SC Issues Notice on Its Plea Against CJI in RTI Ambit

New Delhi
SC Issues Notice on Its Plea Against CJI in RTI Ambit
The Supreme Court today sought a response from an RTI activist on an appeal filed by it challenging a Delhi High Court verdict holding that the office of the Chief Justice of India came within the ambit of the transparency law and was liable to reveal information under it.

A bench of Justices B S Reddy and S S Nijjar granted four weeks time to the activist, S C Agrawal, on whose plea the High Court had delivered the major judgement on January 12, this year, to file his response.

The petition, which has been filed by the apex court registry, raised the point that information held by the CJI is sensitive in nature and its revelation would hamper the judiciary's independence.

The registry, however, did not seek immediate stay on the High Court ruling.

In its landmark verdict, the Delhi High Court had held that the office of the Chief Justice of India came under the purview of the RTI Act and rejected a Supreme Court appeal, saying judicial independence is not a judge's personal privilege but a responsibility cast upon him.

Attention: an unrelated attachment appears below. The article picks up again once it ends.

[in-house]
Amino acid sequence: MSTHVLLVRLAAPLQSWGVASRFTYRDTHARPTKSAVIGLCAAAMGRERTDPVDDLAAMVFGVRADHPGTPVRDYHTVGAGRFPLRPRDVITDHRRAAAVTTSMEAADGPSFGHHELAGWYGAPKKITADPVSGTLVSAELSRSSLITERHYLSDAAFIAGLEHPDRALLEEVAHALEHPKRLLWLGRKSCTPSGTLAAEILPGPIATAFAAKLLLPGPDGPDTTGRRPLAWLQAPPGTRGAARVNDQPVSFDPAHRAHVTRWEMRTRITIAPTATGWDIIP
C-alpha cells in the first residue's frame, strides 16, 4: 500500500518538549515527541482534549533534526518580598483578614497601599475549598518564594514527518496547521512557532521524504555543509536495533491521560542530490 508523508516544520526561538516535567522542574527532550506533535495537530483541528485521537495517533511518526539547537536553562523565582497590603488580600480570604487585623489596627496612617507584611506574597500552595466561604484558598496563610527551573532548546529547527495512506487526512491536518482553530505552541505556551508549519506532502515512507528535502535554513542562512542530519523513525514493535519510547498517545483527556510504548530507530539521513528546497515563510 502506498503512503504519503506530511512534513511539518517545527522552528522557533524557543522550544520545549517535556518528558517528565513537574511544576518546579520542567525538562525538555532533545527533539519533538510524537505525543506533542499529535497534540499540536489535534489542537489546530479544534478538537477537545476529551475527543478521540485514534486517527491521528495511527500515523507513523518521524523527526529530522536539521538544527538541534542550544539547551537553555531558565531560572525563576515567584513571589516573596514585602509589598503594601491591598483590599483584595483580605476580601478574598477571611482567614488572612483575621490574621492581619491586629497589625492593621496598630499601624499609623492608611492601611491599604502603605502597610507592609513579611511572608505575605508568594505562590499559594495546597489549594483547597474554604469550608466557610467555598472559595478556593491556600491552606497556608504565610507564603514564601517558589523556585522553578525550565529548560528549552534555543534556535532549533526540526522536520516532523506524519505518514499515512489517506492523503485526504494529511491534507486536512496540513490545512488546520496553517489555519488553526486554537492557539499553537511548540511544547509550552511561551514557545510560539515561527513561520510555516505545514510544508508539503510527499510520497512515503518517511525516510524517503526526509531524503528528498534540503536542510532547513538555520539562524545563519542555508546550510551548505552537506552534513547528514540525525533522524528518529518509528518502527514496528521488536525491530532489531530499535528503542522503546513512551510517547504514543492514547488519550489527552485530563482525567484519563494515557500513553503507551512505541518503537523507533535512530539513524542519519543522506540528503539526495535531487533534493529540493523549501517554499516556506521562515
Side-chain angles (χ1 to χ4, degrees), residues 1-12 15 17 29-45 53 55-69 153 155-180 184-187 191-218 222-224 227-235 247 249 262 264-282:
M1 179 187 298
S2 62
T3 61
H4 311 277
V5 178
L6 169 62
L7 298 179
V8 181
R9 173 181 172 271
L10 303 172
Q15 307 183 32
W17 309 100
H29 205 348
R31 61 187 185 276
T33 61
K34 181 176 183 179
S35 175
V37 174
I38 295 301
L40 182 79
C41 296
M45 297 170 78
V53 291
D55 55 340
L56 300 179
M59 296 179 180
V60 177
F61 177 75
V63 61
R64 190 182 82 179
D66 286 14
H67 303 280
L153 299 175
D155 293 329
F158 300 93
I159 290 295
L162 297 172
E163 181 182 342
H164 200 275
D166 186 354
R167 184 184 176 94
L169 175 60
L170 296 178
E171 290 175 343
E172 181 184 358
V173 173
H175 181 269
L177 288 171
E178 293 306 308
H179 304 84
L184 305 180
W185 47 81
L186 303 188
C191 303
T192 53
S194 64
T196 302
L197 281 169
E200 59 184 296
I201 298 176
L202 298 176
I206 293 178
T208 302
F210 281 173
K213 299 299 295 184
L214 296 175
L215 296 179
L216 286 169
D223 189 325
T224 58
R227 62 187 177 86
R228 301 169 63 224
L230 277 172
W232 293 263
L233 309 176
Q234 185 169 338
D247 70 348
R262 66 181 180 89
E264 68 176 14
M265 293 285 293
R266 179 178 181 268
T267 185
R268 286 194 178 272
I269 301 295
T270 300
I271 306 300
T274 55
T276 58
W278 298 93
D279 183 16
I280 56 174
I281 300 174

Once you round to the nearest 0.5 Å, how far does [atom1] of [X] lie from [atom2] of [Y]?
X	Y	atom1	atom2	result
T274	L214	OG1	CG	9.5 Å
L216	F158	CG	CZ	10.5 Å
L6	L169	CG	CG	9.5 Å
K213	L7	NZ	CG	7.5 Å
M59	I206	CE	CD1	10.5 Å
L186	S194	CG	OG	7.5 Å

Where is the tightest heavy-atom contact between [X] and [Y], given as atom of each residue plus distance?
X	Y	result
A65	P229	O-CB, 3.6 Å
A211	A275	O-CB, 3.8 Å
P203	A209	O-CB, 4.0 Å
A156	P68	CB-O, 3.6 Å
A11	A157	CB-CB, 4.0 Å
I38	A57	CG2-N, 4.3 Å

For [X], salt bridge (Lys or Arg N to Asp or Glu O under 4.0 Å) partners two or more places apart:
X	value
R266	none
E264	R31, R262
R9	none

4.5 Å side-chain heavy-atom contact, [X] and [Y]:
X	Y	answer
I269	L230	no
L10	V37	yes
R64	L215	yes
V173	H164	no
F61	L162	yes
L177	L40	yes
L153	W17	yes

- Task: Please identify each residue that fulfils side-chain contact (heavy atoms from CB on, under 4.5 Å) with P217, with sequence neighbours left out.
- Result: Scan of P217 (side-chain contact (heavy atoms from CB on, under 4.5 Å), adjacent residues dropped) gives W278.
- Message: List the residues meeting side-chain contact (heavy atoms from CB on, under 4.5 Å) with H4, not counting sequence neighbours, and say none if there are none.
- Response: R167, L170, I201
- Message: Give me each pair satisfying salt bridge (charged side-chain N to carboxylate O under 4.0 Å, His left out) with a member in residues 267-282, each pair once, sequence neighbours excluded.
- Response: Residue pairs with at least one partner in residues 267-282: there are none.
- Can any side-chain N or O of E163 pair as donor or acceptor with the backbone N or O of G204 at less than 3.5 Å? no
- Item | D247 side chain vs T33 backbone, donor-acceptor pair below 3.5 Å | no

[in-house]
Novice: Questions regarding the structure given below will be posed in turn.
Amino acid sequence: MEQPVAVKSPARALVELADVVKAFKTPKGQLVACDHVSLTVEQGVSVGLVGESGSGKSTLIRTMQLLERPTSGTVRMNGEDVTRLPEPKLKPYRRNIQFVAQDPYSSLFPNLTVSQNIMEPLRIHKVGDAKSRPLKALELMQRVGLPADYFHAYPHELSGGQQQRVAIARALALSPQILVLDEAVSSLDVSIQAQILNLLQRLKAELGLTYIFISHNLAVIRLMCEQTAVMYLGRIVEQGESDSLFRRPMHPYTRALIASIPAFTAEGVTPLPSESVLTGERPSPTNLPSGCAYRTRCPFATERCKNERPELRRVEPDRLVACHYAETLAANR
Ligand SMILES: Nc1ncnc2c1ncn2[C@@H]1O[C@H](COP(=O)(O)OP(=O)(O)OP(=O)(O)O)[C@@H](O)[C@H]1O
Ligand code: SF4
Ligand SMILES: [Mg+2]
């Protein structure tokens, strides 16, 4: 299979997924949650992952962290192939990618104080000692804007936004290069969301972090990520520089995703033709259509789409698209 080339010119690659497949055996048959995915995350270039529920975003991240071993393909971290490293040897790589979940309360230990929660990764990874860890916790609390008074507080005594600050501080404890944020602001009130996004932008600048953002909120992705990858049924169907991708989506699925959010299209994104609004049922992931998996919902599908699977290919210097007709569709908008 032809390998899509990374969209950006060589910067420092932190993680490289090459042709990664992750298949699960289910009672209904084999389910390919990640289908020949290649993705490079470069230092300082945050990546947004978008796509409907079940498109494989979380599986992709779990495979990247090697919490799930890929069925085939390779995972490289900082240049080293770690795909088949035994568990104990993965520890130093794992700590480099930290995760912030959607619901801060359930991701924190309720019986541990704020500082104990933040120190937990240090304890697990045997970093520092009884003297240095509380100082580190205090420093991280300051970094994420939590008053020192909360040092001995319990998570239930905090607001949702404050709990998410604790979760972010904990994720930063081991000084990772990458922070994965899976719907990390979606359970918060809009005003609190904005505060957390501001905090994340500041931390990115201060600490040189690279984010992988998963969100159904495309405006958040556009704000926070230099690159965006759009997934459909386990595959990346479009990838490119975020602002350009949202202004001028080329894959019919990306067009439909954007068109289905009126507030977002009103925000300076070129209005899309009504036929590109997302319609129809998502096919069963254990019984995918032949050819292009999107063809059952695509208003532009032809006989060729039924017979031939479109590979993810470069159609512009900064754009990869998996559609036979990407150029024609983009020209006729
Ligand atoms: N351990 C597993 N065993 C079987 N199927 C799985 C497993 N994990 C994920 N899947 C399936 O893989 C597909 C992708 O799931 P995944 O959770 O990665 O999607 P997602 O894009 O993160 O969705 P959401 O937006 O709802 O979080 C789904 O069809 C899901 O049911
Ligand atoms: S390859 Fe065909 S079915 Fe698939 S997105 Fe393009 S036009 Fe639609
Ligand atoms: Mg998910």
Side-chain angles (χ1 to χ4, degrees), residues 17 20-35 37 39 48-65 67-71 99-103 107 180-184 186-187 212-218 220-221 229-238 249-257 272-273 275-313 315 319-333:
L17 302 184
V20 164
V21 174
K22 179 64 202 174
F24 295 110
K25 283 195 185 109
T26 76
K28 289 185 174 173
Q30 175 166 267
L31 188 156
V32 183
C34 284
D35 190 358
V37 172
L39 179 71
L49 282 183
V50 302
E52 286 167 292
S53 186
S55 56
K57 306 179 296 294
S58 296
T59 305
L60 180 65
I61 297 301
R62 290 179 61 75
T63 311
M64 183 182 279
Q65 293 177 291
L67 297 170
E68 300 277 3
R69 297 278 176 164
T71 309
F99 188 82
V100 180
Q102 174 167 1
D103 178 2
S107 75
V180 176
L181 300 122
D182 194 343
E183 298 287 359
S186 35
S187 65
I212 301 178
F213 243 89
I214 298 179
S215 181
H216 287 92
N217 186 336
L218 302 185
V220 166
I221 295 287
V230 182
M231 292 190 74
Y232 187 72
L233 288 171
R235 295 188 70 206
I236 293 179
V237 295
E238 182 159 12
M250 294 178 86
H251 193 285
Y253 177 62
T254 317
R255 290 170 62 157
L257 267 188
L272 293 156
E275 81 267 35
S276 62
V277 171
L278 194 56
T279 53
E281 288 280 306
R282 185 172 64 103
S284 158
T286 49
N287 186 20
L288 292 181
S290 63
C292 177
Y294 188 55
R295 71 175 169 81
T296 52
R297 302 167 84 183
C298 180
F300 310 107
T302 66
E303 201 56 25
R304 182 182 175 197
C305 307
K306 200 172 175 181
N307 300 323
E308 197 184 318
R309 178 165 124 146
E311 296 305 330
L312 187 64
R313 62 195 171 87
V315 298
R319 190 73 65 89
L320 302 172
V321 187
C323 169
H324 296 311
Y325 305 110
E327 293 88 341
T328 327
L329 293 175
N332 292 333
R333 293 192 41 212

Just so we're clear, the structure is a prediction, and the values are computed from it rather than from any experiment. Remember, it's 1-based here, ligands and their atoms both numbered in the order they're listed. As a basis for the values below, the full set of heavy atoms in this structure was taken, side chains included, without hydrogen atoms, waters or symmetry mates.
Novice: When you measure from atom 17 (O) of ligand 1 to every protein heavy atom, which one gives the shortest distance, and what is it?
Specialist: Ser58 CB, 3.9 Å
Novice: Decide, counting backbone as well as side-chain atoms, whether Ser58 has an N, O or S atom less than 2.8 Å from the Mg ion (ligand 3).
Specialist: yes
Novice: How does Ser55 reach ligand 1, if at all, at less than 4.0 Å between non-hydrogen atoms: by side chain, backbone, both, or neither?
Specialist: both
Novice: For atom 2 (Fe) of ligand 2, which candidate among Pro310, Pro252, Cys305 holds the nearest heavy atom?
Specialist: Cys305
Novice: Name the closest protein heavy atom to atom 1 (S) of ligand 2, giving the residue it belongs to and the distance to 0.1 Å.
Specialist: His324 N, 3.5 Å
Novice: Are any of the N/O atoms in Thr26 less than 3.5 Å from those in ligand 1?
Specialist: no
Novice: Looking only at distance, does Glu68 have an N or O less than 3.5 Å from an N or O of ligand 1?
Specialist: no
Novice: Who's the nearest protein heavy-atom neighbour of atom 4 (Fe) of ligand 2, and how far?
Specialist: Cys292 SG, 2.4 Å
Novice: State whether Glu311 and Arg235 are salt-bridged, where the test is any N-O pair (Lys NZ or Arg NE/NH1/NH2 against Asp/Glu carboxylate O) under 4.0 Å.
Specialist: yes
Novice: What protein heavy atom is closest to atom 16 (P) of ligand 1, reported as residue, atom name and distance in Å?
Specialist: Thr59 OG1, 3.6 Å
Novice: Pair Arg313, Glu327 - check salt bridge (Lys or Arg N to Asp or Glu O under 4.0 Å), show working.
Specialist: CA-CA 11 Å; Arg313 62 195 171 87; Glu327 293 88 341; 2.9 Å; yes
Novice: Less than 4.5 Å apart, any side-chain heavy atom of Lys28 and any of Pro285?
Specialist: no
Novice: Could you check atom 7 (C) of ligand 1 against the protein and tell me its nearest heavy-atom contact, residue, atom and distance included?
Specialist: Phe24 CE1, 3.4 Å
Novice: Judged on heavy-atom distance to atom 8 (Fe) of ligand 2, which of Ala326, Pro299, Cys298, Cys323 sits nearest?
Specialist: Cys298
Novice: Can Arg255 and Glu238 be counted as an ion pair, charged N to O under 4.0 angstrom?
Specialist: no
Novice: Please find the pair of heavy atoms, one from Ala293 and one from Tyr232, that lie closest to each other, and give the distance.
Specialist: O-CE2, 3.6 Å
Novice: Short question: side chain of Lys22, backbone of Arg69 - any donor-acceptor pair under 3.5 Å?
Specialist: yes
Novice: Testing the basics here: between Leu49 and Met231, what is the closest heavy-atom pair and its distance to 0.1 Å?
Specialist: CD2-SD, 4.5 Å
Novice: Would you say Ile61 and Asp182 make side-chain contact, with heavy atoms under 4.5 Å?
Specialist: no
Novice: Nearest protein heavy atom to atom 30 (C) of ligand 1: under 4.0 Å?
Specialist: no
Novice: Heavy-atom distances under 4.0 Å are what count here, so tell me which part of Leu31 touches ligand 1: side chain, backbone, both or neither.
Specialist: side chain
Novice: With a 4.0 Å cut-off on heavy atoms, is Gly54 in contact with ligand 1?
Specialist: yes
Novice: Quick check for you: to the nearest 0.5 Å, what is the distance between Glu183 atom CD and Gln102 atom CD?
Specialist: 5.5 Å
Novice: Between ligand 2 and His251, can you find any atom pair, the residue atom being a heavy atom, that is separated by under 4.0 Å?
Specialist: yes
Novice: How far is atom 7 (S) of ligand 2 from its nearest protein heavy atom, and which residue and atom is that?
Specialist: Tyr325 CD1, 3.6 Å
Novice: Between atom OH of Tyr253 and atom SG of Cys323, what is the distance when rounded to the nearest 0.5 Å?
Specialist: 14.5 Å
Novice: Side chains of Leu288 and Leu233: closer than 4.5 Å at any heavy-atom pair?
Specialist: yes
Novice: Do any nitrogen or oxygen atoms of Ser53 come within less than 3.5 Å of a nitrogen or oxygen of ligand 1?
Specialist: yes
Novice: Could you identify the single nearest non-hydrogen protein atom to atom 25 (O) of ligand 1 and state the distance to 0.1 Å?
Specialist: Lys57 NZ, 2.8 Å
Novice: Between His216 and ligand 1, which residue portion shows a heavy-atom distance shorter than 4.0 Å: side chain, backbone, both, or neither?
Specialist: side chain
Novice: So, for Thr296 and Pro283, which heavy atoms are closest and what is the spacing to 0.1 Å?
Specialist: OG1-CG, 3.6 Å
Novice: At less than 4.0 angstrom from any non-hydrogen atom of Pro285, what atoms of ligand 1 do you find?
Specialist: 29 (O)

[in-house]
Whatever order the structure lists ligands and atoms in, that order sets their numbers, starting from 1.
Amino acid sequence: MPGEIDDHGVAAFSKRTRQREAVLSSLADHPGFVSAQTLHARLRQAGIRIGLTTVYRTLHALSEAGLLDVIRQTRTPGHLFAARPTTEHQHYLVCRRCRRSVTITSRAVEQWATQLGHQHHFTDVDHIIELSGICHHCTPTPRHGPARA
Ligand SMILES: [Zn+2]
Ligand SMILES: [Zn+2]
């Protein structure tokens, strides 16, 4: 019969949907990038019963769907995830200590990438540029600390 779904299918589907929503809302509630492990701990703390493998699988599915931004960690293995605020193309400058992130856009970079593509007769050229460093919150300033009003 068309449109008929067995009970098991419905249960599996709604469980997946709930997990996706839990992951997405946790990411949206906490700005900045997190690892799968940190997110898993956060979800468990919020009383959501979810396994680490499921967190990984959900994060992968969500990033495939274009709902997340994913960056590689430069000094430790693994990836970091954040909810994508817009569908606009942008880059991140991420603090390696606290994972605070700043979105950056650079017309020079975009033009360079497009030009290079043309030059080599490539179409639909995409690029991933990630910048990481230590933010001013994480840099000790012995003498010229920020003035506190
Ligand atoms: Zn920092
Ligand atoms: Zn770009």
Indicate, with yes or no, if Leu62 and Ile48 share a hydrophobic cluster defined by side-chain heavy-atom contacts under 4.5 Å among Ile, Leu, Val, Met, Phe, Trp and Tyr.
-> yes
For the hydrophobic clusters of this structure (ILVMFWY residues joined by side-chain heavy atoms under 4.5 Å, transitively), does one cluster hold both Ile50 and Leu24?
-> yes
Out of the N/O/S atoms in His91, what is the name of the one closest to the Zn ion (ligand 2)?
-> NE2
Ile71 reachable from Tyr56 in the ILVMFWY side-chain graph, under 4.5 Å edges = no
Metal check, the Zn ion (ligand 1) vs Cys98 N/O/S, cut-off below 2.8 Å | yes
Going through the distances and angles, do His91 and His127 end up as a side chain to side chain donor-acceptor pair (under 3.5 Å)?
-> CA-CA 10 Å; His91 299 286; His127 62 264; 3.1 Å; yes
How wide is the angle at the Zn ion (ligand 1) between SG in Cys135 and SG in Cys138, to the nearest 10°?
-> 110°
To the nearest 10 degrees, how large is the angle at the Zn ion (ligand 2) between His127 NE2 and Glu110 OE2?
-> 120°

The verdict was seen as a setback to Chief Justice of India K G Balakrishnan who has consistently been maintaining that his office does not come under the transparency law and, hence, it cannot part with information like disclosure of judges' assets under it.

Holding that the CJI is a public authority under the Act, a full bench of the High Court headed by then Chief Justice A P Shah had said judges of the superior courts should make public their assets as they are not "less accountable" than the judicial officers of lower courts who are bound by service rules to declare assets.

The bench dismissed the plea of the Supreme Court which had vehemently opposed bringing the CJI's office within the purview of the Act on the ground that it would encroach into its judicial independence.

"Judicial independence is not the personal privilege or prerogative of the individual Judge," the bench had said in its ruling.
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